How Associations Advance the Drilling Industry
It’s important for associations to serve as a link between their members and government agencies, contractors, business owners and other industry organizations. That link can be facilitated by programs, committees, organized events and educational sessions. The National Drilling Association, the International Association of Drilling Contractors, and the American Association of Drilling Engineers are just a few examples of groups that create and maintain that connection.
Another one is the Distribution Contractors Association. The non-profit trade organization, formed in 1961, boasts a reputation as “a tight-knit family.” Open to all companies in gas distribution and mainline construction, the association also focuses and engages in horizontal directional drilling (HDD), as well as water and pipeline rehabilitation work.
That focus on HDD led to the forming of a committee that’s in charge of supporting the safety, training, technical developments, and voluntary operational guidelines that sustain professional practices and contractors in the HDD industry. Their mission? “To promote the use and education of horizontal directional drilling as a viable, safe and environmentally friendly construction method.”
At the recent Underground Construction Technology (UCT) event in Fort Worth, Texas, a panel of representatives from the DCA presented on inadvertent return management and strategies, and discussed the DCA’s efforts to support and facilitate best practices throughout the HDD industry. Samuel T. Ariaratnam, Ph.D., PE, P.Eng., F.ASCE, FCAE, and professor and construction engineering program chair at Arizona State University, was one of the panel members.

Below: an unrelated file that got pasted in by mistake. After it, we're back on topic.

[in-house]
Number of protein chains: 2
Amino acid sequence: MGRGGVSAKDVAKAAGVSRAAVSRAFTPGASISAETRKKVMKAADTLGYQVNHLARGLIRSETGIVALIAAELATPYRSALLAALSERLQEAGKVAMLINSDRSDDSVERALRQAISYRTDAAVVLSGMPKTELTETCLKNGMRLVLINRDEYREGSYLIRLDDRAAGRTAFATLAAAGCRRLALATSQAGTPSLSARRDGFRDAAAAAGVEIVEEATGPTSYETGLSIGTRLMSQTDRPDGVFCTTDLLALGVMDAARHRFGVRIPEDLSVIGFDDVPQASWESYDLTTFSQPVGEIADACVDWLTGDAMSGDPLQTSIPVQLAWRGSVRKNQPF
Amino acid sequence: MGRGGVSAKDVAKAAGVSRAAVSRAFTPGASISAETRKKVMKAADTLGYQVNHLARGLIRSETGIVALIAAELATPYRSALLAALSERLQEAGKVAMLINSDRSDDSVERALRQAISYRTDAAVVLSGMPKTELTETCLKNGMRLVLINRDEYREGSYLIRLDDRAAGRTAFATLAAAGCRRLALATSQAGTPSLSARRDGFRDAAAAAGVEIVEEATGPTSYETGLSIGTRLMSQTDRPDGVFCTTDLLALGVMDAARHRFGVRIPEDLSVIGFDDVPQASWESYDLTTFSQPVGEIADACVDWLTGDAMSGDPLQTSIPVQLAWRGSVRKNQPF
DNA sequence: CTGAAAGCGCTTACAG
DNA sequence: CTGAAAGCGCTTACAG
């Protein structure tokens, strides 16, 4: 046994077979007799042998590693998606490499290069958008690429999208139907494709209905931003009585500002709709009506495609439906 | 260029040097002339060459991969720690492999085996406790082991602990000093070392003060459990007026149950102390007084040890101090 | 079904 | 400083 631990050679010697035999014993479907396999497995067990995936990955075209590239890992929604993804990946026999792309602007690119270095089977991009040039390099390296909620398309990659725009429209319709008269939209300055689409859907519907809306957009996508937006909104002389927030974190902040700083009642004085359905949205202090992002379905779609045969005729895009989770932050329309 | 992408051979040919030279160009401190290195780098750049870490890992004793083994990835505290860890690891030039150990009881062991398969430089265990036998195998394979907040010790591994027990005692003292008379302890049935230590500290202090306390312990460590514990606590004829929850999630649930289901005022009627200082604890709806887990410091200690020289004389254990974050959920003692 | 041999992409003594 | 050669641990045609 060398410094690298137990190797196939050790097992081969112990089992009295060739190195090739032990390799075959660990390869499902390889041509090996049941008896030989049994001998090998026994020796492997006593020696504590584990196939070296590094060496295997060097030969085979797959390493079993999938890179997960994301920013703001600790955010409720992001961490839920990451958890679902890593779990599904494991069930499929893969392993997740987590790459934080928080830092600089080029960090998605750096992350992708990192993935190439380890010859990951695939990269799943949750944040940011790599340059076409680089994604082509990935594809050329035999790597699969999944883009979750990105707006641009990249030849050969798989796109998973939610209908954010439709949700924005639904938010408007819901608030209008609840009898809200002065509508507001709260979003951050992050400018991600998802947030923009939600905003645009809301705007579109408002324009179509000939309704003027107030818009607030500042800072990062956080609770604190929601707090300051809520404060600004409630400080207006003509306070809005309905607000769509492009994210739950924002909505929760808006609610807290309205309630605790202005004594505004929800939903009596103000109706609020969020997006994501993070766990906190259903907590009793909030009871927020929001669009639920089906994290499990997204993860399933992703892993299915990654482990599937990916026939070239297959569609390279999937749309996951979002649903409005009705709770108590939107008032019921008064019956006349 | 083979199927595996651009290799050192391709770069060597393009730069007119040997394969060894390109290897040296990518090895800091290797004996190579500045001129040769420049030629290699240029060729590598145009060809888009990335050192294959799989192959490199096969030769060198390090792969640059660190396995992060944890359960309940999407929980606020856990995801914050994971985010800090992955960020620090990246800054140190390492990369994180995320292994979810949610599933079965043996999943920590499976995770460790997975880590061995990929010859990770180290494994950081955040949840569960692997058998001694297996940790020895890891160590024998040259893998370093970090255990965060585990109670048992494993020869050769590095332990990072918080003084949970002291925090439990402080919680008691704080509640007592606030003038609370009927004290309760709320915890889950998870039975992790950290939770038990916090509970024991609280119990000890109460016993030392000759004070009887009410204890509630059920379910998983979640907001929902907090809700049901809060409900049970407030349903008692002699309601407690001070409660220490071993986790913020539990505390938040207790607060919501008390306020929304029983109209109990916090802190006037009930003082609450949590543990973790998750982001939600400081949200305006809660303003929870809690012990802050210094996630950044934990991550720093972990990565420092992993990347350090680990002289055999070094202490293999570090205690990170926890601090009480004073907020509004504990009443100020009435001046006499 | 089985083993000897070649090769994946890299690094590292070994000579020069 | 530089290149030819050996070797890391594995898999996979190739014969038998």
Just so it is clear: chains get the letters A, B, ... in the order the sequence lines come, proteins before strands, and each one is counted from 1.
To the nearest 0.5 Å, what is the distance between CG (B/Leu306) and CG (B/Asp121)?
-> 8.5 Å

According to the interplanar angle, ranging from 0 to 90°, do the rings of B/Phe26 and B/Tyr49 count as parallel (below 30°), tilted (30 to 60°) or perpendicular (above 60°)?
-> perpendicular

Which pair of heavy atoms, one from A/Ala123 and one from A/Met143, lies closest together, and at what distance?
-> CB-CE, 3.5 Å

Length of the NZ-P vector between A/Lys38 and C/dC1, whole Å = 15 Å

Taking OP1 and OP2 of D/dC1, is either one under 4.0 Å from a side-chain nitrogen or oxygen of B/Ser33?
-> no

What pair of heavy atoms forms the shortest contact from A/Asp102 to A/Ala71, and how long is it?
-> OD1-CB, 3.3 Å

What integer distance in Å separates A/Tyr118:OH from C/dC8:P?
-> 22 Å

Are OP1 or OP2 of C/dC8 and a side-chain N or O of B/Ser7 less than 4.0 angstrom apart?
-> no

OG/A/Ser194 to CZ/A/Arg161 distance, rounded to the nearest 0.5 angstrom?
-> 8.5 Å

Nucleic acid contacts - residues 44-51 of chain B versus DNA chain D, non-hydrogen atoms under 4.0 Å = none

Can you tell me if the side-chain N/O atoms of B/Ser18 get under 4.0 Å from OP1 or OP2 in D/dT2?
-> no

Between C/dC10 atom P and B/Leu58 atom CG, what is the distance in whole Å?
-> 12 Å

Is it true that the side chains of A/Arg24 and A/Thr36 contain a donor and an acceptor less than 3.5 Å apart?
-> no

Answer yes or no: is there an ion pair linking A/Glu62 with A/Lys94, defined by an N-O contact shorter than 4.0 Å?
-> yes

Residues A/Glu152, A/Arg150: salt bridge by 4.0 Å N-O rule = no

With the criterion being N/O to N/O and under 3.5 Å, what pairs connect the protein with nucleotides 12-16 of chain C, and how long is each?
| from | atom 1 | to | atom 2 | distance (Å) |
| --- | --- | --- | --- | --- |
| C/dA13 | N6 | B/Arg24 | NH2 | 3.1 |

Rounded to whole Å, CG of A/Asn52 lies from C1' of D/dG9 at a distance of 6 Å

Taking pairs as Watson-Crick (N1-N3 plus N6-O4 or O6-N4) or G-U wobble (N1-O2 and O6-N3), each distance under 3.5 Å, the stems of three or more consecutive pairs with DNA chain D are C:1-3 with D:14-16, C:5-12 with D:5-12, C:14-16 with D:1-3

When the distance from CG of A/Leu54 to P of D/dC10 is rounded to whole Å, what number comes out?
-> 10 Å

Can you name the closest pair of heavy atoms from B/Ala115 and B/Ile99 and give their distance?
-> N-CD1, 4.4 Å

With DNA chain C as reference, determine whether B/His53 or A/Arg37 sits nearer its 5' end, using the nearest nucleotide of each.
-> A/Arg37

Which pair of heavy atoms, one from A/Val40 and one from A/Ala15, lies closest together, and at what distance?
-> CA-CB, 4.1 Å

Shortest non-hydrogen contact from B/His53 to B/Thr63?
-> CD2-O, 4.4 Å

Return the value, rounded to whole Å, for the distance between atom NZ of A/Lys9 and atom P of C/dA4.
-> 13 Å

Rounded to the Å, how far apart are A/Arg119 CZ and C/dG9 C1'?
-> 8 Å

Ariaratnam has over 20 years of experience in trenchless engineering research and education. He received his bachelor’s in civil engineering from the University of Waterloo, and his master’s and Ph.D. from the University of Illinois at Urbana-Champaign.
Over time, and throughout the course of his extensive professional career, Ariaratnam focused his research in underground infrastructure management and rehabilitation. More specifically, the development of new technologies in construction engineering and applications of underground trenchless construction techniques, specifically HDD and trenchless pipe replacement.
We spoke with Ariaratnam about the DCA and its mission, the importance of educational initiatives, and the future of the industry.
Our conversation has been edited for space and clarity.
Q. Tell me about the DCA. How does it aim to help contractors/drillers?
A. The Distribution Contractors Association (DCA) was formed in 1961 to facilitate the exchange of information related to the construction and maintenance of gas distribution pipeline systems throughout the United States. Today, the membership has evolved to also include turnkey utility contractors that operate at all levels of utility construction and directional drilling.
As an association, the DCA provides a forum for its members to engage in discussions about various aspects of the utility industry. Furthermore, the various committees including the HDD Committee enable stakeholders to share their experiences and provide a unified voice to government agencies regarding concerns.
Q. What has the DCA been working on lately?
A. There are many different areas that the DCA has been working on lately. Workforce development is one area that is a reality for the construction industry as a whole. With an aging workforce, there is a dire need to fill these [voids left by] retiring workers with a new generation to create a sustainable future workforce.
Another area is addressing concerns about inadvertent returns (IRs) during HDD operations. All stakeholders in the HDD industry have collectively worked together in providing information via documents and presentations to various government agencies to provide a better understanding of IRs.